About the author:
Sara Foster was born and raised in England, and moved to Australia in 2004. She has published four other novels: Come Back to Me, Beneath the Shadows, Shallow Breath and All That is Lost Between Us. She lives near Perth with her husband and two young daughters, and is currently a doctoral candidate with Curtin University.
Your latest book, You Don’t Know Me is a stunning new thriller about the burden of shame. Can you tell us a bit more about the book?
You Don’t Know Me is part psychological suspense, part crime thriller and part love story. It begins with the disappearance of 17-year-old Lizzie Burdett, who vanished one night in 2006, while walking home from her boyfriend Tom Carruso’s house. Twelve years later, Tom is coming home to give evidence at the inquest into Lizzie’s disappearance, still under a cloud of suspicion, having not seen his family for over a decade.
Tom’s younger brother Noah was one of the last people to see Lizzie alive, when she argued with Tom on the doorstep of the Carruso family home. Noah has always known more than he’s telling, and fears being called to give evidence at the inquest. The strain of safeguarding his brother’s secrets, and supporting his troubled parents, begins to take its toll, and a few weeks before the inquest begins, Noah goes on holiday to Thailand. There he meets his perfect woman, the enigmatic Alice Pryce. They fall quickly and madly in love, but Alice has some dark secrets of her own. Their intense relationship is soon under pressure from the many burdens of the past, as the inquest draws closer to finding out what happened to Lizzie Burdett all those years ago.
What is your research process like for a psychological suspense novel?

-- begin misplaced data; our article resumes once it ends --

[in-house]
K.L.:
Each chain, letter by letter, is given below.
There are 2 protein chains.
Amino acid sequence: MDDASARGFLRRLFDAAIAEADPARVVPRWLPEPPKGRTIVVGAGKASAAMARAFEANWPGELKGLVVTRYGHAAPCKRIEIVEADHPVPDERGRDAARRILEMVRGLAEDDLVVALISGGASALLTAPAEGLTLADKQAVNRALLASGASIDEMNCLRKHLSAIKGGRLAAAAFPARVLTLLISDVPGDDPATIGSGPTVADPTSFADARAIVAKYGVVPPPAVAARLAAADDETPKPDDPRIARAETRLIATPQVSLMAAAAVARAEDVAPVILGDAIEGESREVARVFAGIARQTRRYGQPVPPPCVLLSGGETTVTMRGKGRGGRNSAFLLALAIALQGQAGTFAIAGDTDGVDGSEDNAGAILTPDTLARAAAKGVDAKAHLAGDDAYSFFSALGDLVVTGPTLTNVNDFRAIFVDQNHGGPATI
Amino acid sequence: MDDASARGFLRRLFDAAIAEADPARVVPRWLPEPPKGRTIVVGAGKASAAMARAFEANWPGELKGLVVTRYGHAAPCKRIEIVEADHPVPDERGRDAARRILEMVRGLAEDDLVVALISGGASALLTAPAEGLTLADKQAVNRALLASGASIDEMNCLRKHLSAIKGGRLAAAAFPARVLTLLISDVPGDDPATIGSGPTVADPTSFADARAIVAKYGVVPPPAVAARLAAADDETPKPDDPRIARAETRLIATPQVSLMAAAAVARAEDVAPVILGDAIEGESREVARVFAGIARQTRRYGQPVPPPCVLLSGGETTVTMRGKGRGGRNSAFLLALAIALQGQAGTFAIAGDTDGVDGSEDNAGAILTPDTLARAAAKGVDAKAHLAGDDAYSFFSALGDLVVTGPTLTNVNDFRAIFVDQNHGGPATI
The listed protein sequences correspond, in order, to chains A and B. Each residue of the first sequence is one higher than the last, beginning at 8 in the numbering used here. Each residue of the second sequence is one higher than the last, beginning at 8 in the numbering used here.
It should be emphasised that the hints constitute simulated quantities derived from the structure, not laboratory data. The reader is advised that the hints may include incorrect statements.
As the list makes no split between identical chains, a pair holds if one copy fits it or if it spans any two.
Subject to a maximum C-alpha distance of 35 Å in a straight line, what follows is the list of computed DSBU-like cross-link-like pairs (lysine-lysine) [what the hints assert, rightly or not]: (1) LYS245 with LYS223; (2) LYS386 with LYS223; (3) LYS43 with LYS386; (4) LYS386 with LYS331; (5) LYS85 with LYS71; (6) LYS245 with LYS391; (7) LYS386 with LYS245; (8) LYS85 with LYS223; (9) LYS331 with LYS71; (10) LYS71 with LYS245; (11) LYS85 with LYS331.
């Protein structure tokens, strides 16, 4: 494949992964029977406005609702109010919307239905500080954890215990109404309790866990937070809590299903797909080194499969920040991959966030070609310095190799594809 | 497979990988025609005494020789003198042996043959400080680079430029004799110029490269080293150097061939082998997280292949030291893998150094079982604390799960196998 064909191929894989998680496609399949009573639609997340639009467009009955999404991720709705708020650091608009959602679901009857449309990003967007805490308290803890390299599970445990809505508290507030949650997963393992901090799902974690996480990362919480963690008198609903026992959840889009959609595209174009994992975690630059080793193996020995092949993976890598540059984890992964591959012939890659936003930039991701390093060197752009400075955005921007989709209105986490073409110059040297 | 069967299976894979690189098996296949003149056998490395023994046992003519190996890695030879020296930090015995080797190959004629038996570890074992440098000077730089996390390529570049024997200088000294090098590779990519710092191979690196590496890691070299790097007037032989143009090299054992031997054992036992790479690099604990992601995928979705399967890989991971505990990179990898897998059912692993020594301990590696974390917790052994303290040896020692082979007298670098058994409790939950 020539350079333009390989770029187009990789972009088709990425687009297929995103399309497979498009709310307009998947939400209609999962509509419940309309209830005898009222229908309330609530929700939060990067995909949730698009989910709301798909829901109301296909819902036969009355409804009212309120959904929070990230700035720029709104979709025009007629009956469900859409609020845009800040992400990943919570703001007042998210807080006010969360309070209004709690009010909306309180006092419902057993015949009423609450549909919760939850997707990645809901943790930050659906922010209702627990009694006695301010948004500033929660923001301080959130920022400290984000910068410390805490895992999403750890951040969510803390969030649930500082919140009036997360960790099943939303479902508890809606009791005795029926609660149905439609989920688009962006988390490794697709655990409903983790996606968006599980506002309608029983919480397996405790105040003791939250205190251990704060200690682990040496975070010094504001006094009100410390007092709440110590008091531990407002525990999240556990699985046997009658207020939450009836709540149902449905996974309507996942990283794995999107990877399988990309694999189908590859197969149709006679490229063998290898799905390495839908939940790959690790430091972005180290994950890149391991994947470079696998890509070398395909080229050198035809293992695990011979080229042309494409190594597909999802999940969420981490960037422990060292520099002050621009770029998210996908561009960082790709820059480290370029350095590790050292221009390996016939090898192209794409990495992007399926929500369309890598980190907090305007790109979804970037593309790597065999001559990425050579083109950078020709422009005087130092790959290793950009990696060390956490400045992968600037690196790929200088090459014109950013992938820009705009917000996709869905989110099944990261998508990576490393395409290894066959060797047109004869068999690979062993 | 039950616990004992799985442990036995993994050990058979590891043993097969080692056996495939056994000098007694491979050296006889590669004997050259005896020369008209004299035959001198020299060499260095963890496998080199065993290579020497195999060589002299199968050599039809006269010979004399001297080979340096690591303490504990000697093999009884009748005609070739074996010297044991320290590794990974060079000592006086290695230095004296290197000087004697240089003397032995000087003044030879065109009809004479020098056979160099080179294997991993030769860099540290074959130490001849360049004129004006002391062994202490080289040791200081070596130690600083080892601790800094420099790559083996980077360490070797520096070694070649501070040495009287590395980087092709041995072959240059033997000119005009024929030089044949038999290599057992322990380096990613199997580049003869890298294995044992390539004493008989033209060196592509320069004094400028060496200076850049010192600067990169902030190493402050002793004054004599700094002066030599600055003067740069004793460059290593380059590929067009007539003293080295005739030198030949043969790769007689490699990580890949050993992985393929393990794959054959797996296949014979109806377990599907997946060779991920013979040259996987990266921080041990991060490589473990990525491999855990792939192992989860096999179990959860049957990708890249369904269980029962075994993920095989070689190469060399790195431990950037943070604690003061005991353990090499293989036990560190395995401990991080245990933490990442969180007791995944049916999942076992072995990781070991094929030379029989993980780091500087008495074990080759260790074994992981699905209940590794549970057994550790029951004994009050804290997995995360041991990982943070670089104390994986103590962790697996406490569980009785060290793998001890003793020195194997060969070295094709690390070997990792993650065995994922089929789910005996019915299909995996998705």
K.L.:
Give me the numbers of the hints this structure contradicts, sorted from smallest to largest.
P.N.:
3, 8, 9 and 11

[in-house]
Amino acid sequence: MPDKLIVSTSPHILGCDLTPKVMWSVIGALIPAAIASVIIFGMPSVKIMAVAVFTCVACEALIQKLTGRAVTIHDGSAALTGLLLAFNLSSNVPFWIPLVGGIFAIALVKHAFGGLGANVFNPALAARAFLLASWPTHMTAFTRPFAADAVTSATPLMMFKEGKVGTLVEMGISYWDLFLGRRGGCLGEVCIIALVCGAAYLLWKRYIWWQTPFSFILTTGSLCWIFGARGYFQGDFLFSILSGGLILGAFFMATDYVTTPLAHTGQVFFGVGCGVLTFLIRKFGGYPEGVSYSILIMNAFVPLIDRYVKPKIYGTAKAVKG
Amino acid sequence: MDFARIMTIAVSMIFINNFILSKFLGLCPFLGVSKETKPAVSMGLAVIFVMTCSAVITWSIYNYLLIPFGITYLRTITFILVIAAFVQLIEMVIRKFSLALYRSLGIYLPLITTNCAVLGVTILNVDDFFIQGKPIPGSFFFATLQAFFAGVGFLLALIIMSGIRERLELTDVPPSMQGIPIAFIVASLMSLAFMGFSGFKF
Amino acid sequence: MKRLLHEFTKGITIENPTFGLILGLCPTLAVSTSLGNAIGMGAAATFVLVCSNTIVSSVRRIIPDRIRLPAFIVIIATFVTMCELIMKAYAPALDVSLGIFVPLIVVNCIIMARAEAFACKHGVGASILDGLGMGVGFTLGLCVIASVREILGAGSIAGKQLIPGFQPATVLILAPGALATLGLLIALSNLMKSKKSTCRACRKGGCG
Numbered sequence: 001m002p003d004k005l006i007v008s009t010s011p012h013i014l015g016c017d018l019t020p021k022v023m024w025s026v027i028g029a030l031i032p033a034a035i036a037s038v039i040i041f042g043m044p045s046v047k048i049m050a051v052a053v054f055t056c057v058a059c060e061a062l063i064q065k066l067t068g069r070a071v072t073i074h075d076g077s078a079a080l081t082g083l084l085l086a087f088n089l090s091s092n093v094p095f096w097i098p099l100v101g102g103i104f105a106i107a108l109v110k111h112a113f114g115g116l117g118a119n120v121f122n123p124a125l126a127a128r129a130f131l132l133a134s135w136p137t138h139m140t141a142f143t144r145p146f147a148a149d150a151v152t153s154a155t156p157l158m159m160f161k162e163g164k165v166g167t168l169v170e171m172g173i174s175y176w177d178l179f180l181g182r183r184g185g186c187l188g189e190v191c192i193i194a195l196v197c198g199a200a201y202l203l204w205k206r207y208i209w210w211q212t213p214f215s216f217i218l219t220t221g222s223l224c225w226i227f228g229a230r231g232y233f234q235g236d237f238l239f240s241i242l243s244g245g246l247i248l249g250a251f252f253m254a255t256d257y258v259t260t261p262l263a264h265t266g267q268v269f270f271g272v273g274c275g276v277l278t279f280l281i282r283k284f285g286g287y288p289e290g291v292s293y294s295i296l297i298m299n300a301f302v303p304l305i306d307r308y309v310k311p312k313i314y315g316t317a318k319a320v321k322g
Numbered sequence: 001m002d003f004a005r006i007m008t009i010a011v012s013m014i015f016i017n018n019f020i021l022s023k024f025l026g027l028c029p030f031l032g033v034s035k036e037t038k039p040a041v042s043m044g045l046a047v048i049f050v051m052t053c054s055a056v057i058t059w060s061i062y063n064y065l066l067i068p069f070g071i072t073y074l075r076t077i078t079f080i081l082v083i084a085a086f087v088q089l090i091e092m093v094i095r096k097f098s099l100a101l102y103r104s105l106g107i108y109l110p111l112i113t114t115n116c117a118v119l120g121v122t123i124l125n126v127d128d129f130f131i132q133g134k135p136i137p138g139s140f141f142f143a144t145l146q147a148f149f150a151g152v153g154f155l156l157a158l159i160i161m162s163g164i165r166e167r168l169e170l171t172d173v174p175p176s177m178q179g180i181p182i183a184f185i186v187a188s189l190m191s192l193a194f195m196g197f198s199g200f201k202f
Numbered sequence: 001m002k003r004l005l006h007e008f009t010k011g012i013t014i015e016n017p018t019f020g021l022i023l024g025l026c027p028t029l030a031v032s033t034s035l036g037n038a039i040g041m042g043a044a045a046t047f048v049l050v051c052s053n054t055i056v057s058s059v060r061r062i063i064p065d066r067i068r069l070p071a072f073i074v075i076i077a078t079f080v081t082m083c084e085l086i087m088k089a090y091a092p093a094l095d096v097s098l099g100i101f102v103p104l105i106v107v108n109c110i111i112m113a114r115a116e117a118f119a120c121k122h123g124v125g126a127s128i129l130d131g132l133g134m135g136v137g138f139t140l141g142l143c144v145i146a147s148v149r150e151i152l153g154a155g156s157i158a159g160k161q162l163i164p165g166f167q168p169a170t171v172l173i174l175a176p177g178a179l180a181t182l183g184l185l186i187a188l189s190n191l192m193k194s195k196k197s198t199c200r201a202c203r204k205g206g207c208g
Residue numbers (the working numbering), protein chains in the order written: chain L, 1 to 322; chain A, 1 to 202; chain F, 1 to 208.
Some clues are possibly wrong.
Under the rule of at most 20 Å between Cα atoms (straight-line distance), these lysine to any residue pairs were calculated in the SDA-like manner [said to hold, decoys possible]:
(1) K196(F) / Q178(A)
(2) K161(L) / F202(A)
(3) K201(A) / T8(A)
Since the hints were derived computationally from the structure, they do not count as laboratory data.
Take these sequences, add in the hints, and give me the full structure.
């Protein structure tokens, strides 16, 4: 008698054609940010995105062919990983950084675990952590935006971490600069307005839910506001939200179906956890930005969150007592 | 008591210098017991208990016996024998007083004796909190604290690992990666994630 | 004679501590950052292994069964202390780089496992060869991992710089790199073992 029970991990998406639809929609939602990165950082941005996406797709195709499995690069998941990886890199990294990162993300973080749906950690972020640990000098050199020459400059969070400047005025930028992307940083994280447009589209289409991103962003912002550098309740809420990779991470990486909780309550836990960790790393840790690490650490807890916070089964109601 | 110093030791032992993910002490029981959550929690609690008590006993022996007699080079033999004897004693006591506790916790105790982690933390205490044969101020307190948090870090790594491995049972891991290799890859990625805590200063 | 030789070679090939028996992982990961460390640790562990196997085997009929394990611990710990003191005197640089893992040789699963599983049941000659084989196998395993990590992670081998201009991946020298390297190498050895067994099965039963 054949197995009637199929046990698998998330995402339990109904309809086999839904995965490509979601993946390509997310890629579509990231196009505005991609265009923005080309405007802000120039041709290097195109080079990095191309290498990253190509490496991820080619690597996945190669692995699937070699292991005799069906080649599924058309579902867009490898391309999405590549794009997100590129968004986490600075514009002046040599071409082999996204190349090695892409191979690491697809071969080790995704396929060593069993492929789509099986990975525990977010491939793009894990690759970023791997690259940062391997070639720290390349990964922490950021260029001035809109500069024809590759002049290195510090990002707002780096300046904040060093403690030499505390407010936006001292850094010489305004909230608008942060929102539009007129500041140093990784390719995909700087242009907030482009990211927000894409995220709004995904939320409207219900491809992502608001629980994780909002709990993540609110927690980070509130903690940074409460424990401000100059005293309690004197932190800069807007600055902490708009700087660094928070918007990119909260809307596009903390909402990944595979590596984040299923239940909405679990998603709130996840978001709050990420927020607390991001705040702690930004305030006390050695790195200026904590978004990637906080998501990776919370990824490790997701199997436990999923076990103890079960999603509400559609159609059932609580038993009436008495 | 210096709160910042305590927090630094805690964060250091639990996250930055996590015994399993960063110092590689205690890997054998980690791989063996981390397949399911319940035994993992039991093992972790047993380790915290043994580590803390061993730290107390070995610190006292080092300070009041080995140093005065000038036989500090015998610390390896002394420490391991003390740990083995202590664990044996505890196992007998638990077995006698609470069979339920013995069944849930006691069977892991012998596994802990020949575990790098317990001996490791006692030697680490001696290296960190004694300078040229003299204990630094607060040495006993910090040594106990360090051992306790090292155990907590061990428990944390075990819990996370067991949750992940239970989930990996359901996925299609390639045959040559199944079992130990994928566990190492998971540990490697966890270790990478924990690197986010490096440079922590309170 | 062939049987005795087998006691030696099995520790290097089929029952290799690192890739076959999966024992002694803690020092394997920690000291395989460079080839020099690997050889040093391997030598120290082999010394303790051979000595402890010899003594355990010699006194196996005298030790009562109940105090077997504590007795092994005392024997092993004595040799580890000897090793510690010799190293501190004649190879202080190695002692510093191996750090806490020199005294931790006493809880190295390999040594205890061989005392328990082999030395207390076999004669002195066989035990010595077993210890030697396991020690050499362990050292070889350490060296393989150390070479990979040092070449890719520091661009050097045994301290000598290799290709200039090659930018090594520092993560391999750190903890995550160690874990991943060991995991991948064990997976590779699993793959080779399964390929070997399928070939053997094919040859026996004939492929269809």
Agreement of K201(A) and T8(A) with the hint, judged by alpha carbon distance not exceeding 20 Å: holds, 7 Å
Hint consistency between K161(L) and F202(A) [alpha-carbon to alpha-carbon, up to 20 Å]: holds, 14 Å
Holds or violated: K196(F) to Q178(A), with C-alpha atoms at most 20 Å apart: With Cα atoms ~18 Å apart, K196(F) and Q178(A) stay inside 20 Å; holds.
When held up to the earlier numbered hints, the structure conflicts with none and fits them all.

I don’t immediately outline my books from start to finish. I begin with characters, a moral dilemma, a feel for the arc of the story, and I build it from there. Once I’m holding those early ideas in my mind I draw in lots of different themes and plot points, through general research across fiction, non-fiction and current affairs. As I find out more about the story, I gradually refine the research. This usually happens in tandem with writing, so with You Don’t Know Me I listened to a lot of true crime podcasts, and I went to an inquest to ensure the mood and details were as true to life as possible.
What’s your daily writing routine like and what are you working on at the moment?
My daily routine is regularly adjusted to work alongside the demands of bringing up and homeschooling two children. It can be anything from getting up at five a.m. to write, to hiring a babysitter, to going away for a few days. I don’t have a fixed routine, but I do have the drive to write on as many days as possible, so I take a regular look at my schedule and figure out how that’s most likely to happen. It’s not a perfect science, but it all works out with some forward-planning and flexibility. I’m writing a blog series at the moment called ‘The Author’s Mindset’, through which I hope to encourage other writers who have lots of obligations or demanding life circumstances to find ways to advance their writing. I’m sure we’re missing out on some wonderful stories because there are amazing writers out there who are struggling with time and personal/work commitments.
My next fiction project is a psychological suspense thriller with a dystopian twist, about a mother and a daughter trying to stick together while the world around them falls into chaos. It’s based on my studies for my PhD, about mother-daughter relationships in dystopian fiction, and I’m enjoying the challenge of world-building around the story and adding in all the layers of twists and turns.
What is something that has really influenced you as a writer?
My editing background has been hugely beneficial for my writing career, as it introduced me to lots of different writing styles, allowed me to work with authors from non-fiction to literary, and underlined the importance of being able to step back from your work and cast a critical eye over it. I talk to a lot of writers who seem quite scared about the editing process, and I want to encourage them to be open to it, and to reassure them that you don’t lose your voice. In fact, this vital input can make your work infinitely better!
What are some of your favourite books?
A few of my recent favourites are Maggie O’Farrell’s I Am, I Am, I Am, and Lisa Jewell’s Then She Was Gone. I also loved The Book of the Unnamed Midwife by Meg Elison, an utterly absorbing post-apocalyptic story, and a powerful feminist take on one woman’s quest to survive after a fever wipes out much of the population, particularly women, and makes childbirth deadly for mothers and infants. I’ve been recommending these three to everyone.